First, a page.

Remember that service workers are much better at dealing with offline caching than App Cache, but AppCache will allow you to cover most of the browser compatibility if the service workers are not supported.  

Service worker support

App Cache support

How to implement a service worker

If you want to make your progressive web app work offline, you first need to check if the browser supports it. Then, register the service worker in the ‘if’ statement as follows:

if (‘serviceWorker’ in navigator) {

After registering the service worker, an install event will trigger when the user visits the page for the first time. This will allow you to cache all the assets needed for the app. 

First of all, open the cache using and provide a cache name, which allows you to version files and to separate data from the shell. This makes it easy to update either the data or shell without affecting the other.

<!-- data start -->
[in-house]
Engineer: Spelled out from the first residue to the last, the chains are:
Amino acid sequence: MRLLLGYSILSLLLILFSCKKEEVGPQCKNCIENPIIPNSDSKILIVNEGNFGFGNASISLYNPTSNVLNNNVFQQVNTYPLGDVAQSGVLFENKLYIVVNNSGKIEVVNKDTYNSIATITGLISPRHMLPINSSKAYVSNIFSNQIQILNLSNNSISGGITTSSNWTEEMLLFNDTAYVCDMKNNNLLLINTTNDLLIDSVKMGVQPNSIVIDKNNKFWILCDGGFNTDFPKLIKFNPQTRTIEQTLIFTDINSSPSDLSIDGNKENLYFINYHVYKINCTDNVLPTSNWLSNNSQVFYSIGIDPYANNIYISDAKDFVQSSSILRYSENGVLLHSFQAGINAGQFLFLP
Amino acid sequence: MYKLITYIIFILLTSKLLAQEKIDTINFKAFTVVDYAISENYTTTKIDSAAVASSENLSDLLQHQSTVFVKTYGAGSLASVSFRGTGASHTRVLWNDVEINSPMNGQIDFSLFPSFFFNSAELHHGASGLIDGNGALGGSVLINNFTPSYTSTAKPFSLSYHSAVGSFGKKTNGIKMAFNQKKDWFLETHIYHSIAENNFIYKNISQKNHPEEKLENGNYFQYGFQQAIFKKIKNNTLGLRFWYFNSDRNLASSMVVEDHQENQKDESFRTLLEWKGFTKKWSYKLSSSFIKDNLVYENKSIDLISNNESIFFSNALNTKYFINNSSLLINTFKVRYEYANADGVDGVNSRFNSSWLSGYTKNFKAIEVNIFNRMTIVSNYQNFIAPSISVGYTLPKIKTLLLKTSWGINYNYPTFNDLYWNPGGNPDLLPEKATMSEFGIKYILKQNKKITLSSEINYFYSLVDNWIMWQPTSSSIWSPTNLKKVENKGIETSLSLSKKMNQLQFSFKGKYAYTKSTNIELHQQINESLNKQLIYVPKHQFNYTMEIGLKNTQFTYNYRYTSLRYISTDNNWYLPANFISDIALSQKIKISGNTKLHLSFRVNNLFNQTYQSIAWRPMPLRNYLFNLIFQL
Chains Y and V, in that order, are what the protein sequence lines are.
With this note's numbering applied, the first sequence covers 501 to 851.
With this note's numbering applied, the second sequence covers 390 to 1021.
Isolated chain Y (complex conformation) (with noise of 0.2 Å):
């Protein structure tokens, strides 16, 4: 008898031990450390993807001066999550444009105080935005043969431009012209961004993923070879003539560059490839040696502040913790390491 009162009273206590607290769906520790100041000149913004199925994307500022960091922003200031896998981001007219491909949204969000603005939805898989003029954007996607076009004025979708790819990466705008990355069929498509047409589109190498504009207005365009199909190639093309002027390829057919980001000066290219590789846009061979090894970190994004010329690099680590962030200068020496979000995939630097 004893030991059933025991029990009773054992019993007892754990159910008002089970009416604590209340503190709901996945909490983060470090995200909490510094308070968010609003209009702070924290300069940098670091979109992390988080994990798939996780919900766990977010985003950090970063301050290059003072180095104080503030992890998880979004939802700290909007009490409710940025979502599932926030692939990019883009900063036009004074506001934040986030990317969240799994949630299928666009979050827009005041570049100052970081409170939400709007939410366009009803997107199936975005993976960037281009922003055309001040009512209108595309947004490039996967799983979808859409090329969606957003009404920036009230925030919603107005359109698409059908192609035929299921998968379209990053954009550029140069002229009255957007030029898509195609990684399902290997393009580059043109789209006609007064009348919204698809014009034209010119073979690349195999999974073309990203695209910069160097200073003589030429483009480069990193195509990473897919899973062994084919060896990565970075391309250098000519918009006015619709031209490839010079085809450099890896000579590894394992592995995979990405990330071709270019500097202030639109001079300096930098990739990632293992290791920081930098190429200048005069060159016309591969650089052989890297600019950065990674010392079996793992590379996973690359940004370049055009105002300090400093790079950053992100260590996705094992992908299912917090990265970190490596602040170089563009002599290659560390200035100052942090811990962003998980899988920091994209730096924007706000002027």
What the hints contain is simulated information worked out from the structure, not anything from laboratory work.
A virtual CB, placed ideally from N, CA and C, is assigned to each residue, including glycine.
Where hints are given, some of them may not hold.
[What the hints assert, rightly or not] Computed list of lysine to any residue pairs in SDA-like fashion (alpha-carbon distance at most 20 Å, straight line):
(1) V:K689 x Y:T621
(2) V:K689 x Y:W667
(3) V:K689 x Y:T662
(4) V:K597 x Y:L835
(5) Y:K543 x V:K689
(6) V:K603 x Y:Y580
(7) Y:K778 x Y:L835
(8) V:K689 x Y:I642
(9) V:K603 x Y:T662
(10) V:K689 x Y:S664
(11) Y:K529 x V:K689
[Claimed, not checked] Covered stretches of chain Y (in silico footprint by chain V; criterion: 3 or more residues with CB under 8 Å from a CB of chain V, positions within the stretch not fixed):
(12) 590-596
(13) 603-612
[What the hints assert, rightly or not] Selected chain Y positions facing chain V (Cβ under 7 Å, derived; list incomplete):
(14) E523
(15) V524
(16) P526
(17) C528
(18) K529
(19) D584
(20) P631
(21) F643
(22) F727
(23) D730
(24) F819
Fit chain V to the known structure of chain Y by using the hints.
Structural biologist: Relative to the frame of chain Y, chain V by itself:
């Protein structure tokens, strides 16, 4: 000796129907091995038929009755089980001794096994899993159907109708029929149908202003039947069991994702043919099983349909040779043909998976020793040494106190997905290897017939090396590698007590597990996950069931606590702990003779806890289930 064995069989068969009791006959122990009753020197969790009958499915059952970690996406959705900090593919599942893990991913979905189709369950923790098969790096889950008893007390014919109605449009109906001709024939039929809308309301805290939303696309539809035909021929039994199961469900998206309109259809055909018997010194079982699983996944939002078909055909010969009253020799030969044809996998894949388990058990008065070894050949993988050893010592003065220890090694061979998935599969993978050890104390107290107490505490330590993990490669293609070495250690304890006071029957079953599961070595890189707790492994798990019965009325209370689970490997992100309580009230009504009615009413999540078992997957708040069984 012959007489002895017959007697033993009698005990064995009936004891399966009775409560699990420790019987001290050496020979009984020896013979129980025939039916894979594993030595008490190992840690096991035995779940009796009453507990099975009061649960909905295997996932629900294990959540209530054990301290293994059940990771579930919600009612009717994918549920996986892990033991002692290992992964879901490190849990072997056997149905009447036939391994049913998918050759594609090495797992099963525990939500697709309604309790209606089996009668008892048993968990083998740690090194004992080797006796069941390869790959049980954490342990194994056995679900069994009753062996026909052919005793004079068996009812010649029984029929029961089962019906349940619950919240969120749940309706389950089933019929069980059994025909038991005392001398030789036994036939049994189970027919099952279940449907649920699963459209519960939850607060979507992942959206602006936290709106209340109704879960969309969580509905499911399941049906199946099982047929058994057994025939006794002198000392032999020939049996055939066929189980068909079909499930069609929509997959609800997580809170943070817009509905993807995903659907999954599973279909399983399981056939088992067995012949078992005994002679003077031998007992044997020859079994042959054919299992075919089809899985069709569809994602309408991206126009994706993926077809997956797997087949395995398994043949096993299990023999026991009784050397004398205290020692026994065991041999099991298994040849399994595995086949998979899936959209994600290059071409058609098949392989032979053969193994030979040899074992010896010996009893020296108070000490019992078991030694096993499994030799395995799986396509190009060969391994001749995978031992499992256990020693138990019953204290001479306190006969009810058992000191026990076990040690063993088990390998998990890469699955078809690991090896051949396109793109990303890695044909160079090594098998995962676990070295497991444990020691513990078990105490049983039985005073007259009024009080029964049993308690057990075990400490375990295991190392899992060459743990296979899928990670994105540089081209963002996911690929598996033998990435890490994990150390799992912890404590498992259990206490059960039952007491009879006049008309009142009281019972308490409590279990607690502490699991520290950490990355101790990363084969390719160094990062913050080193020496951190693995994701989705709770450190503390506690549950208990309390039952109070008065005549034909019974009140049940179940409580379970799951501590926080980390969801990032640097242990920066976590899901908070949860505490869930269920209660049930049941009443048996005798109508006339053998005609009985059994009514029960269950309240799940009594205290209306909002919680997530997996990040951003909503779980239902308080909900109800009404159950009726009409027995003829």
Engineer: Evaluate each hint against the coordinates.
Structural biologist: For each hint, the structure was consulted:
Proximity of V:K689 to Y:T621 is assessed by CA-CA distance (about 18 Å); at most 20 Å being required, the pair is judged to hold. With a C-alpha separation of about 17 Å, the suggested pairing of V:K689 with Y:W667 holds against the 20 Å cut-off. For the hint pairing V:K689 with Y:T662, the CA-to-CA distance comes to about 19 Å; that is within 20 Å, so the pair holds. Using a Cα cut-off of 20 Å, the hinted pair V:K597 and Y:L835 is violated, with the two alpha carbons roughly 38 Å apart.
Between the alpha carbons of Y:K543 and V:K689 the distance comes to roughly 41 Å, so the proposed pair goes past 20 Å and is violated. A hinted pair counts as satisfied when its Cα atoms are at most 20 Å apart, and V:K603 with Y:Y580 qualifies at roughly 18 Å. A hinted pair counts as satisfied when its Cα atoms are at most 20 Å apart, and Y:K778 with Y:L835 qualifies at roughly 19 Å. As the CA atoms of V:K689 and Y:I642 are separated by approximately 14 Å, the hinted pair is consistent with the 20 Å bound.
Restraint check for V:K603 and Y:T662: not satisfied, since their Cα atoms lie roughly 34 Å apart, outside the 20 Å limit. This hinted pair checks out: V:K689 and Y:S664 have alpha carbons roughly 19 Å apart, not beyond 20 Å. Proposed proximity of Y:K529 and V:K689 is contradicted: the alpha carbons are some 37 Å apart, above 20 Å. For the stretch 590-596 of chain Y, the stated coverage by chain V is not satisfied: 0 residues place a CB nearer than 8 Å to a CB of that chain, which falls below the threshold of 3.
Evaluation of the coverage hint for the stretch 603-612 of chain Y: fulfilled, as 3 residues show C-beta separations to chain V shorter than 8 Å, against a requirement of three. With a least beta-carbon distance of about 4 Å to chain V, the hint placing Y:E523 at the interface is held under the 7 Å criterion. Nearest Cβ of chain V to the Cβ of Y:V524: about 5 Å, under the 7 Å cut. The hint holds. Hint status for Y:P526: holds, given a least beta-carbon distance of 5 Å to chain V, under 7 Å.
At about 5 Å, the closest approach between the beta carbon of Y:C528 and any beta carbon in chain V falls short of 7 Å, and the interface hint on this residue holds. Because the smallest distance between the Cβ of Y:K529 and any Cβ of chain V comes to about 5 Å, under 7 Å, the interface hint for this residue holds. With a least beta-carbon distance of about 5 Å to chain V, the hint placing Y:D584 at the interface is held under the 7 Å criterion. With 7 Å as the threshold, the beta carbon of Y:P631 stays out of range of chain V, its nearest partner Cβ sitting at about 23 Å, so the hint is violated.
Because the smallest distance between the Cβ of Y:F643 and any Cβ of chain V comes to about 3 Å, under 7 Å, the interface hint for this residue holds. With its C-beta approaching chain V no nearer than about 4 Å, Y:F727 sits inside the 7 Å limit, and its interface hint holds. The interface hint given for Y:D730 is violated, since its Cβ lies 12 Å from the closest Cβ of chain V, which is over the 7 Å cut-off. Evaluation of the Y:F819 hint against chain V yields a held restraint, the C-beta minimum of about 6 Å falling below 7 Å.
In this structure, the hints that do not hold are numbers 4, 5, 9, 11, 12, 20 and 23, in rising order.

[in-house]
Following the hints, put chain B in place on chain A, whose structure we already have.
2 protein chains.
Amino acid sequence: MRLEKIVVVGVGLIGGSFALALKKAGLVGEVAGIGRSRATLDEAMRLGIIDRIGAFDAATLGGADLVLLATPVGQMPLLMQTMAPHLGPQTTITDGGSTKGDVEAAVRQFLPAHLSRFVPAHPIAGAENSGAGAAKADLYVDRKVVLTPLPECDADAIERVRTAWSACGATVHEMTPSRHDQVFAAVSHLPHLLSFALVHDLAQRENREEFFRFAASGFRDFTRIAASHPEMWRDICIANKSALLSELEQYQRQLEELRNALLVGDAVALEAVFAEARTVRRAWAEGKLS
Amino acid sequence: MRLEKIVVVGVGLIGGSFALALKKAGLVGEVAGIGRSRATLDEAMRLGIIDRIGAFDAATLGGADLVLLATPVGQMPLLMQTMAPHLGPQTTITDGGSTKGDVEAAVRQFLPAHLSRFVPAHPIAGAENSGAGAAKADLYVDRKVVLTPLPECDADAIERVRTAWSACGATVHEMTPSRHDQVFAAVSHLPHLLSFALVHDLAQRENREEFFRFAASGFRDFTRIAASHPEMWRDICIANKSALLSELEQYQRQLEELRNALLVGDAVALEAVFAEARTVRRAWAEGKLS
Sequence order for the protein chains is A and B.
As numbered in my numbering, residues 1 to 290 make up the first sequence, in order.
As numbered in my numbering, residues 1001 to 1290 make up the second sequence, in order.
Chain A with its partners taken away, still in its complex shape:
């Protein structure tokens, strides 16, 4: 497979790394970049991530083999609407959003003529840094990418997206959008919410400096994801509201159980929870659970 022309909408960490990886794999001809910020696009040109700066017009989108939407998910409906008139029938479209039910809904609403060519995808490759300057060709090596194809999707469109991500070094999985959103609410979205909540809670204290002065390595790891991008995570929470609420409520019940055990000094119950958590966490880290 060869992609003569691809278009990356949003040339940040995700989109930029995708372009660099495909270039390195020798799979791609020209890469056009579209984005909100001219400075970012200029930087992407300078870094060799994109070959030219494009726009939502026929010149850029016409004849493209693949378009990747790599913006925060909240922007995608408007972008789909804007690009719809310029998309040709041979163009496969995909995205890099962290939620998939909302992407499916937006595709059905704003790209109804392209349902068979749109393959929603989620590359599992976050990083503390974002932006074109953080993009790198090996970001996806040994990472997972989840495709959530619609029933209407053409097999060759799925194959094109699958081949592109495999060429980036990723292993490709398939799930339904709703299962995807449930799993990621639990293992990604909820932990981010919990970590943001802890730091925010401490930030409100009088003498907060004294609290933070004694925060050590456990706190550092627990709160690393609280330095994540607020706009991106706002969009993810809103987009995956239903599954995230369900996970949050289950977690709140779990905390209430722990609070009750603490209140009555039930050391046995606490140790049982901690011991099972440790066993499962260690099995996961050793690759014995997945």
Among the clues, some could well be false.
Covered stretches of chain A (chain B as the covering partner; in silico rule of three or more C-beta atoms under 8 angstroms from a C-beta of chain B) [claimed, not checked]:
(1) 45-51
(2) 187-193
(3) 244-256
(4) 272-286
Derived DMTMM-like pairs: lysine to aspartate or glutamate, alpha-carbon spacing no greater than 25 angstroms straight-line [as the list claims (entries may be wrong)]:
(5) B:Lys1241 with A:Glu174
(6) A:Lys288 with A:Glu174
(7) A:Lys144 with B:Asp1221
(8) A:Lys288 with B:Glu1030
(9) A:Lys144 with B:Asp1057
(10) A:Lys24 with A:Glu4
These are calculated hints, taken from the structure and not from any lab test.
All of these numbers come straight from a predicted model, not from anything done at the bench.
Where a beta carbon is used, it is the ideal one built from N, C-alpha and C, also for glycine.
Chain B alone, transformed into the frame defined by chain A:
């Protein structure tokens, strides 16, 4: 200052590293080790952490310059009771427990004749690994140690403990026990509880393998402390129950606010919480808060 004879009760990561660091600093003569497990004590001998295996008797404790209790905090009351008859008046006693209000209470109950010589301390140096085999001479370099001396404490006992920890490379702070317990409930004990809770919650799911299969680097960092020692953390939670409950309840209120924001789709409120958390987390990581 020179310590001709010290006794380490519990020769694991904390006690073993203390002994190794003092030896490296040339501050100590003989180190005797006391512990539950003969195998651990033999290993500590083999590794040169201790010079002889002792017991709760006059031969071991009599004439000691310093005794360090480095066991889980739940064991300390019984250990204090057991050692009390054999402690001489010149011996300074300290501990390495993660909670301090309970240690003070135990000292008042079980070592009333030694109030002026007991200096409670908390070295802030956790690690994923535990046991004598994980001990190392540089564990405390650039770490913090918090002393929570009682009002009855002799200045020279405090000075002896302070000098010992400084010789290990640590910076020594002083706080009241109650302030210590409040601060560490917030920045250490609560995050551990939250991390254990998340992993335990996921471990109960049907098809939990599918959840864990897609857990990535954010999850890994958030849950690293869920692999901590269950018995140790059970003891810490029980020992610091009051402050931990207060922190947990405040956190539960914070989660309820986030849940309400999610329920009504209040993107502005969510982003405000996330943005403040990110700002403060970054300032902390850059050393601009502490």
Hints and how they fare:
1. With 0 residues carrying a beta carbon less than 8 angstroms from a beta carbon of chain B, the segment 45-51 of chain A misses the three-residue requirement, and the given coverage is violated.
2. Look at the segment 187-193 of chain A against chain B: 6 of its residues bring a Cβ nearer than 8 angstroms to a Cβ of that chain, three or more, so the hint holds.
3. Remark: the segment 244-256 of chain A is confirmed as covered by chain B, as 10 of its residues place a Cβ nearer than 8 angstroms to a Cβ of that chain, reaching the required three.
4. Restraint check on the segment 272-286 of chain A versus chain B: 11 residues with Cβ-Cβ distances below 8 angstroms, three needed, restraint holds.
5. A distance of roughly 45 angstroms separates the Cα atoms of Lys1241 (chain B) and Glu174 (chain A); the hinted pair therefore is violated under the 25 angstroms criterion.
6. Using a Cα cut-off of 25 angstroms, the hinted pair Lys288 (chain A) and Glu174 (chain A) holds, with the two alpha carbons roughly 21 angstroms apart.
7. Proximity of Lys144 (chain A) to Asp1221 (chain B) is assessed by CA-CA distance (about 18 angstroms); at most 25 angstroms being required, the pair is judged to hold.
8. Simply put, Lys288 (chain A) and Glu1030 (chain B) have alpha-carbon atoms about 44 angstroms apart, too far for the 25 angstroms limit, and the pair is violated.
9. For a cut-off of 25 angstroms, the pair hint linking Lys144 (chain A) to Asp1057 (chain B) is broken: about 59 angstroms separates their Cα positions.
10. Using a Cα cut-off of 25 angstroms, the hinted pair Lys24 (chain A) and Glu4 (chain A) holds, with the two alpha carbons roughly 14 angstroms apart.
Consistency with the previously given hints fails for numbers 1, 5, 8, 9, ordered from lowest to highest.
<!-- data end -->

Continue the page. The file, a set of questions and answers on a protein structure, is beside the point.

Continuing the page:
Then we can call upon the cache.addAll() which takes a list of URLs, then fetches them from the server and adds the response to the cache. Since this function is atomic, if any of the files fail, the entire step fails. 

var cacheName = ‘yourCacheName’;
var filesToCache = [

self.addEventListener(‘install’, function(e) {
	e.waitUntil( {
			Return cache.addAll(filesToCache);

After installing the service worker, it’s worth doing some work with it! We can add an eventListener for activate event, as it will be fired when the service worker starts up. It’s worth making sure that the worker updates its cache whenever any of the files in the filesToCache change. 

To make this happen, the cacheName variable needs to be incremented at the top of the service worker script, as below:

self.addEventListener(‘activate’, function(e) {
		caches.keys().then(function(keyList) {
			Return Promise.all( {
				if (key !== cacheName) {
					Return caches.delete(key);

Now you’re able to intercept any requests made by your progressive web app, and to handle them inside your service worker. This means your work will be offline-capable, and that you can ensure your users will be able to engage with your work without being online. 

If you are looking for some great pre-written ‘recipes’ for common service workers cases, head to Mozilla’s website which has vast amounts of reusable code. Happy PWA-ing!

My favourite PWA: ProgressiveWebFlap!